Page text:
Nepal | October 30, 2020

EDITORIAL: Review the provision

The Himalayan Times
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No foreign tourist will visit Nepal when one has to stay in hotel quarantine for one week before setting out for trekking or mountaineering

The mandatory provision requiring a visiting foreign tourist to stay in hotel quarantine for one week before setting out for a trek or mountaineering is impractical, and it will not help promote tourism activities when the number of coronavirus cases is still on the rise in the country.

The concerned ministry, stakeholders and policymakers should have held extensive discussion on the issue before reaching such a decision. The entire tourism industry is in a downward trend all throughout the world due to the Covid-19 pandemic. Less numbers of people are travelling all over the world for fear of the disease, causing huge losses to the airlines, hotel and tourism industries, pushing millions of people out of their jobs. Against this backdrop, the Ministry of Culture, Tourism and Civil Aviation needs to come up with a practical approach to attract visitors with attractive packages so that they visit Nepal and stay for a longer period than they used to before the coronavirus hit the country. This provision will be applicable to those tourists travelling to the country for trekking and mountaineering, the activities which take place in remote parts of the country, where the disease has affected the least compared to the densely populated urban centres. The stakeholders have asked the ministry to review it.

No tourist would like to stay in hotel quarantine for seven days, nor would s/he be able to afford the additional cost incurred. As per the World Health Organisation’s health protocol, a foreign traveller needs to produce a negative PCR test report conducted in the country of origin, not more than 72 hours before they board a flight and along with papers proving that one has Covid-19 insurance worth US$ 5,000. This should suffice for a traveller wishing to visit Nepal, where tourism activities have come to a grinding halt for the last six months. He or she can have their PCR test conducted in Nepal at their own expense if they have any doubt about their health condition. However, the ministry’s mandatory provision of getting an insurance cover against the virus worth Rs 100,000 to a Nepali support staffer or a guide involved in trekking or mountaineering is a welcome move. This provision will give a sense of security to the Nepali staffers who are working with foreigners by risking their life due to the coronavirus.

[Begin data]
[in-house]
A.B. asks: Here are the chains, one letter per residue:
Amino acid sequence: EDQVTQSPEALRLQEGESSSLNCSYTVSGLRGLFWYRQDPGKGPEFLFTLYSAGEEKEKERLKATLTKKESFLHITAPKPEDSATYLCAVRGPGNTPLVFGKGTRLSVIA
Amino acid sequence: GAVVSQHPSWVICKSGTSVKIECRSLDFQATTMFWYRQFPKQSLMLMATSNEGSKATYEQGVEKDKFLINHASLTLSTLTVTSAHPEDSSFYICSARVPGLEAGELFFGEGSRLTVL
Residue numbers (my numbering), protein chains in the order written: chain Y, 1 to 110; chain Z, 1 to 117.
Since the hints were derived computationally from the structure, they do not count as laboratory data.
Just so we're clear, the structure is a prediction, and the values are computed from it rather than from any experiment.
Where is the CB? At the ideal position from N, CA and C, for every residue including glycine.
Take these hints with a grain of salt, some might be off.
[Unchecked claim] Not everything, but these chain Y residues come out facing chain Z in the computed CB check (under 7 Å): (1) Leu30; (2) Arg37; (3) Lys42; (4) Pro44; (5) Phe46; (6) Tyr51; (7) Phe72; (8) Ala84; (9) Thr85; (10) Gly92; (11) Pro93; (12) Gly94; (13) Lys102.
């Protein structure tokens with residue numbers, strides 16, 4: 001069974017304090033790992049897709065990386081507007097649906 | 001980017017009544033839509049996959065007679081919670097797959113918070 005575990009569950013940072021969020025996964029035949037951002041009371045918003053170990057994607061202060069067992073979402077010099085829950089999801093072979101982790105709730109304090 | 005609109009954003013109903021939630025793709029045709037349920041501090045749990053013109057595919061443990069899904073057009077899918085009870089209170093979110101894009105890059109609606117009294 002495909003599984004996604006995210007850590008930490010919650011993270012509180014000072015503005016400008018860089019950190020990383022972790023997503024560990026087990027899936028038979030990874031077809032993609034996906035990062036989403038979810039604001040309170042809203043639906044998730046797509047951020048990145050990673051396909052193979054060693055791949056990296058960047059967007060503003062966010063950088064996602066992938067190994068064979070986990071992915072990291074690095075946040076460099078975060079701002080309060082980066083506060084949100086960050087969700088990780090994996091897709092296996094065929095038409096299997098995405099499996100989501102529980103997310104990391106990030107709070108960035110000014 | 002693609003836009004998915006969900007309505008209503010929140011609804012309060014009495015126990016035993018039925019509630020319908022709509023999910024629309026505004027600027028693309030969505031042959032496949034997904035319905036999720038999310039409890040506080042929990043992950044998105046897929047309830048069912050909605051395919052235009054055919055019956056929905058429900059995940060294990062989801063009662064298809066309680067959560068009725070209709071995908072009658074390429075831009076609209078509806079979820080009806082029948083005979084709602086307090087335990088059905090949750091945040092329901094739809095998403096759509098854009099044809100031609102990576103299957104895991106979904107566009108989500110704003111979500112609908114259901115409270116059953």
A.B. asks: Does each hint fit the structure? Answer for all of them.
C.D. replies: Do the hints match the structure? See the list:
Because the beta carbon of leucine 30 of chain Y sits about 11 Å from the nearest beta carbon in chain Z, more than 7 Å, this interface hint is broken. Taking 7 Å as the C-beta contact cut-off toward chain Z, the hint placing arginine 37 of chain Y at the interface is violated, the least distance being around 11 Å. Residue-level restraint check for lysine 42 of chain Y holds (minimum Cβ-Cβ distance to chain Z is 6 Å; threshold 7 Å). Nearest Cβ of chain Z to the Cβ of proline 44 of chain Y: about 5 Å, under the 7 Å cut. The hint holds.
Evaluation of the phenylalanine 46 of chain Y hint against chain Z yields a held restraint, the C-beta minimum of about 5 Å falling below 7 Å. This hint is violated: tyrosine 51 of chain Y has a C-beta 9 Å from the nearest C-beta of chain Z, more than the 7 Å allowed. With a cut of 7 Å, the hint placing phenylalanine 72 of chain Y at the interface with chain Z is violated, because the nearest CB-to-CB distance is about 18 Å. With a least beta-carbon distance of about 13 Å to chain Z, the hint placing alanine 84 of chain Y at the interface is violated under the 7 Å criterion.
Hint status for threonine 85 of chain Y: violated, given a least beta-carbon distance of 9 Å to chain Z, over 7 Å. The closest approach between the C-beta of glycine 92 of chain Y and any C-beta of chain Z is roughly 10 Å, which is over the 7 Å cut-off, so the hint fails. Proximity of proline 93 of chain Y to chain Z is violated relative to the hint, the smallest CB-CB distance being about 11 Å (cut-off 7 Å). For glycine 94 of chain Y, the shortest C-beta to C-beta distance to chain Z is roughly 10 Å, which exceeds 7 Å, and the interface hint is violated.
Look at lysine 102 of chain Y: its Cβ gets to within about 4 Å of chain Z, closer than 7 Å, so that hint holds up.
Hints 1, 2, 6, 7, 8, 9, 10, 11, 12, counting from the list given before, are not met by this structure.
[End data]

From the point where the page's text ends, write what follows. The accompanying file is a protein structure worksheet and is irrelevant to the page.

A large number of tourists visit Nepal for trekking, and mountaineering is popular even during the autumn season. But who will come to Nepal for short treks of one week or a fortnight when one has to stay in hotel quarantine for at least a week? This strict provision may help some hotels in the urban centres in Kathmandu or Pokhara to run their business for sometime. But it will not help promote tourism activities at the major tourist destinations, especially in the rural and mountainous areas. Most foreign tourists come to Nepal for sight-seeing, rafting, trekking and mountaineering. The tourism ministry and concerned stakeholders must develop special packages so that a large number of tourists can be attracted to visit Nepal at affordable cost even during the coronavirus pandemic.

Fair price shops

With the Dasain festival just round the corner, fair price shops are springing up at different places of the capital from Thursday. The Food Management and Trade Company (FMTC) in association with the Dairy Development Corporation and Salt Trading Company are setting up the stalls to sell goods like rice, sugar, salt and ghee at subsidised rates. Last year, there were 73 such outlets across the country, but this year, the government is undecided about opening such shops outside the valley due to the increase in the number of Covid-19 cases.

There is a tendency on the part of the business community to create artificial shortages during the festival time and swindle the poor consumers. So these fair price shops run by the government are necessary to keep prices stable in the market. It is not without reason that the FMTC is purchasing about 3,000 goats and mountain goats for Kathmandu this festival season. Their meat will not make even a small dent in the total demand, but it will certainly keep business persons from engaging in mischief. Perhaps, the time has come to have permanent government-run fair price shops across the country that will sell particularly edibles.

A version of this article appears in print on October 01, 2020 of The Himalayan Times.

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